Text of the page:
Icelandic Language Blog

The epic berrypicking roadtrip. Posted by on Aug 29, 2012 in Icelandic customs

Today’s blog post is once again about traveling within Iceland, and due to the amount of material I’m going to divide the entry in two for easier following. You see, what was supposed to be only a short trip to pick blueberries turned into something that included Iceland’s natural wonders and a church that has a reputation for working miracles! Or perhaps I should just simply say it was a very ordinary road trip on the Icelandic scale. It’s just hard to get used to the fact that over here you don’t even need to travel far away to see them – all of the things we saw were merely an hour’s drive away.

On very clear days Snæfellsjökull in Snæfellsnes (= Snow Hill Glacier, Snow Hill Cape) can be seen all the way to Reykjavík. This map might give you an idea of the distance: look for a peninsula on the west side of Iceland.

Driving in Iceland can be hazardous any time of the year, so plan even small trips well. If the map shows stretches of unpaved road you should probably choose a jeep. We certainly were happy in ours. This mountain area that we drove through is barely half an hour’s drive away from Reykjavík but the road was rather challenging. Steep ups and downs, narrow parts where the side of the road was collapsing away, potholes, you don’t always need to go to the Moon to find out how it’s like to drive on its terrain.

The text on the sign says “Allur utanvega akstur bannaður – no offroad driving”. These signs should always be taken seriously, because if you don’t and end up in danger you’ll end up paying Björgunarsveitin, Iceland’s rescue unit, a handsome fee for their trouble! That is of course in case they’ll find you in time. I’m not trying to merely scare you into behaving here, it seems that every year some tourists lose their lives in Iceland by doing something that has been specifically banned.

All of a sudden we saw lots of steam coming up from the ground. The area below Reykjavík is volcanic and includes for example the Krýsuvík* volcano which has been in the news lately, therefore hot springs are also found there.

These ones aren’t the kind of hver, hot springs, that you’d like to take a bath in though. The mud in them is acidic and boiling hot and the smell of sulphur alone is overpowering.

For some reason the Icelandic text says “Danger! Changing hot springs” with no mention of steam eruptions what so ever. The smaller sign in the corner says “Höldum okkur á stignum (= Let’s stay on the path) – Protect the nature, stay on the trail”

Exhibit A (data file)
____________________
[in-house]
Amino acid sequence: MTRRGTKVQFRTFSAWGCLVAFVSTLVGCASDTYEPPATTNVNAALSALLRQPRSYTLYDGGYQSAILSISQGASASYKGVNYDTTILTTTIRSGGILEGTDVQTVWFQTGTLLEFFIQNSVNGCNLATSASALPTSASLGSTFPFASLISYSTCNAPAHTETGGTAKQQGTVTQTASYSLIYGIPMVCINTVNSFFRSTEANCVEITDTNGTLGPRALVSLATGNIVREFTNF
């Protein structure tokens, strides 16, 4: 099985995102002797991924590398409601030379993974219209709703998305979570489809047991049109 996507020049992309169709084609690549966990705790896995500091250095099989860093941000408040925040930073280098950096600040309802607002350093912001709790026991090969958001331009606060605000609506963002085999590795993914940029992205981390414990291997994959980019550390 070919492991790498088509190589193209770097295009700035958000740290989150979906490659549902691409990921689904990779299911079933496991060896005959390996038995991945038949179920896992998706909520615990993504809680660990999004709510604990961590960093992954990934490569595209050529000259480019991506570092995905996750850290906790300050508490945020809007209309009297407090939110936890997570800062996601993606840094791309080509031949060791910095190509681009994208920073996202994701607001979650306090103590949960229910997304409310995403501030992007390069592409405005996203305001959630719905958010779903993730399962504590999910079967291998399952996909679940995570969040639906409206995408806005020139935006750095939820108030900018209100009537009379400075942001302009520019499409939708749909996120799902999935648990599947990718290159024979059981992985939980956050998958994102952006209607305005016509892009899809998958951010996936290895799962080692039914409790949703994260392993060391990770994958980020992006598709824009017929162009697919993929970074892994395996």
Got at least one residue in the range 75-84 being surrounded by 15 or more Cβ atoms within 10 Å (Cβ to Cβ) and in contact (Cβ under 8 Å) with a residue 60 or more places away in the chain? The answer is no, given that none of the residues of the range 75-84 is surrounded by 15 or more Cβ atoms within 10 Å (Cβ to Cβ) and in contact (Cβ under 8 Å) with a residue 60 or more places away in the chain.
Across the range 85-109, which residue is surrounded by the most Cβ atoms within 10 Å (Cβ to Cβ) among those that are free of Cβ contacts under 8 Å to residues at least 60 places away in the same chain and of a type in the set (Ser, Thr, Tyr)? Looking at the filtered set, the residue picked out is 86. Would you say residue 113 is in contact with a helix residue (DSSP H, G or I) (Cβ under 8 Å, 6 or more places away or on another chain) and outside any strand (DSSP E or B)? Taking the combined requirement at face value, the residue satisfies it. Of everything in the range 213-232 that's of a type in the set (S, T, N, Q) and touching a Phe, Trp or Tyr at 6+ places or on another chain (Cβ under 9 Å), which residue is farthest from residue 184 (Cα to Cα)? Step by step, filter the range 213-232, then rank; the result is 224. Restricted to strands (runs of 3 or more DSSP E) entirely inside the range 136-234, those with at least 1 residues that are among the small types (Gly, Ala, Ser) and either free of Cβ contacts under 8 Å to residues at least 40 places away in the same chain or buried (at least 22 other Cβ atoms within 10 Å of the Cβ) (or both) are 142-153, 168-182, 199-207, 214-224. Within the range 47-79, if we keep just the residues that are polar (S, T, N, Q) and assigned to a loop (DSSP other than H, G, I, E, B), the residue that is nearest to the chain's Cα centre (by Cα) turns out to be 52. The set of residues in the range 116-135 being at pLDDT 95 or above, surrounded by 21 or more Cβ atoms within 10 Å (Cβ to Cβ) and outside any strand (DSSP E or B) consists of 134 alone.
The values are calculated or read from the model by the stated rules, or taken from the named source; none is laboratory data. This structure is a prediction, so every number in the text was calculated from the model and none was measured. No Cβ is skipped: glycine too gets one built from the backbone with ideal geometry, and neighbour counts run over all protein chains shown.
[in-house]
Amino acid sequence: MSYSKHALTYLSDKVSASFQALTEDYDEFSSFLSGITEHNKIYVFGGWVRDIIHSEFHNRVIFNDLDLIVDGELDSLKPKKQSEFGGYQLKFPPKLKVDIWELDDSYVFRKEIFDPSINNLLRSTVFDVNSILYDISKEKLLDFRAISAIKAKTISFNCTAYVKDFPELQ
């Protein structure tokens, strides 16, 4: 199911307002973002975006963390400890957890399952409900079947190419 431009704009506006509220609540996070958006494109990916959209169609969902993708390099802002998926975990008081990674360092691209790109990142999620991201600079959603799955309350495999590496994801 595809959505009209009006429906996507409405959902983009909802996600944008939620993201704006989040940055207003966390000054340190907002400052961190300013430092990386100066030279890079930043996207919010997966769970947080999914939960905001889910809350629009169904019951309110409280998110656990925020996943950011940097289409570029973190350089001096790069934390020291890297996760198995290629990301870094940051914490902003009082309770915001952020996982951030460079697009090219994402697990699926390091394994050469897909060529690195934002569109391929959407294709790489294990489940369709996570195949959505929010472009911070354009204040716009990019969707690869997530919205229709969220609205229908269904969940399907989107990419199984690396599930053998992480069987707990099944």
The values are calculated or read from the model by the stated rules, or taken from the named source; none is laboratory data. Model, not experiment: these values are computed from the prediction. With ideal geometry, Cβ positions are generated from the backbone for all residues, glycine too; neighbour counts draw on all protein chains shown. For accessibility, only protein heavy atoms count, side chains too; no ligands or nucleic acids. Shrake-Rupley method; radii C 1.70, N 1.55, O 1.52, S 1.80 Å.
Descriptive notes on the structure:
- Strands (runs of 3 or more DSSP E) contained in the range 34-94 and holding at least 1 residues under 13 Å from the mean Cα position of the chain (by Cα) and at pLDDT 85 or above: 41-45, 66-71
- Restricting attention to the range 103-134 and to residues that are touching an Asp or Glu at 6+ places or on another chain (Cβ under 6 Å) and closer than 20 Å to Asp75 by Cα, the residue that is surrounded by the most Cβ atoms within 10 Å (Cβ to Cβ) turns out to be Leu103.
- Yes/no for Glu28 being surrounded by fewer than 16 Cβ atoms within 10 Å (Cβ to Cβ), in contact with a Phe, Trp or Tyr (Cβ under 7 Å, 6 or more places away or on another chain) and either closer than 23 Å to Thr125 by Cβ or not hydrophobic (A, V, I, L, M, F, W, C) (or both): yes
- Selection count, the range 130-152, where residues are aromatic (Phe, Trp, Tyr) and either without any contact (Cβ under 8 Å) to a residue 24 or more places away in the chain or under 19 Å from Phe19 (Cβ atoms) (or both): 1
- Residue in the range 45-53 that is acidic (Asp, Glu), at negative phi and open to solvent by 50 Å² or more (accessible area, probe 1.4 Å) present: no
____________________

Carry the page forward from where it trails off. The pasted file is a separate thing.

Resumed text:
Signboards like this one are very common and often have info not only in Icelandic and English but other languages too. So far I’ve witnessed at least Danish, French, German, Russian and Swedish on various signboards across the country.

Of course I first read the line on top as “Center of the erupting streakers” and giggled mindlessly about it for longer than I care to admit.**

This seems to be either a freaky natural formation or the remains of a bridge long gone.

The hot springs themselves, or more of them. The area has several groups of these mud springs, some even on top of the mountain.

The colours were amazing!

Finally after we had walked through the hot springs area we continued on our way towards the south coast of Iceland. The whole area is famous for berrypicking and we did see cars parked on the side of the road all the way there. We however we’re headed towards Hliðarvatn (= side lake), a small lake with a large area full of blueberries right next to it.

Here’s some of the catch and not all are blueberries either. On the left side there are:

Bláber = blueberry

Hrútaber = Stone Bramble

Krækiber = Crowberry

In the latter half of the road trip I shall be telling you of the dangerous wildlife we saw on our way and of a church that can make financial wishes come true. See you soon again!


* I could not find a translation for the name Krýsuvík no matter which way I looked: I did, however, find this story.

**I’m mature like that.


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About the Author: hulda

Hi, I'm Hulda, originally Finnish but now living in the suburbs of Reykjavík. I'm here to help you in any way I can if you're considering learning Icelandic. Nice to meet you!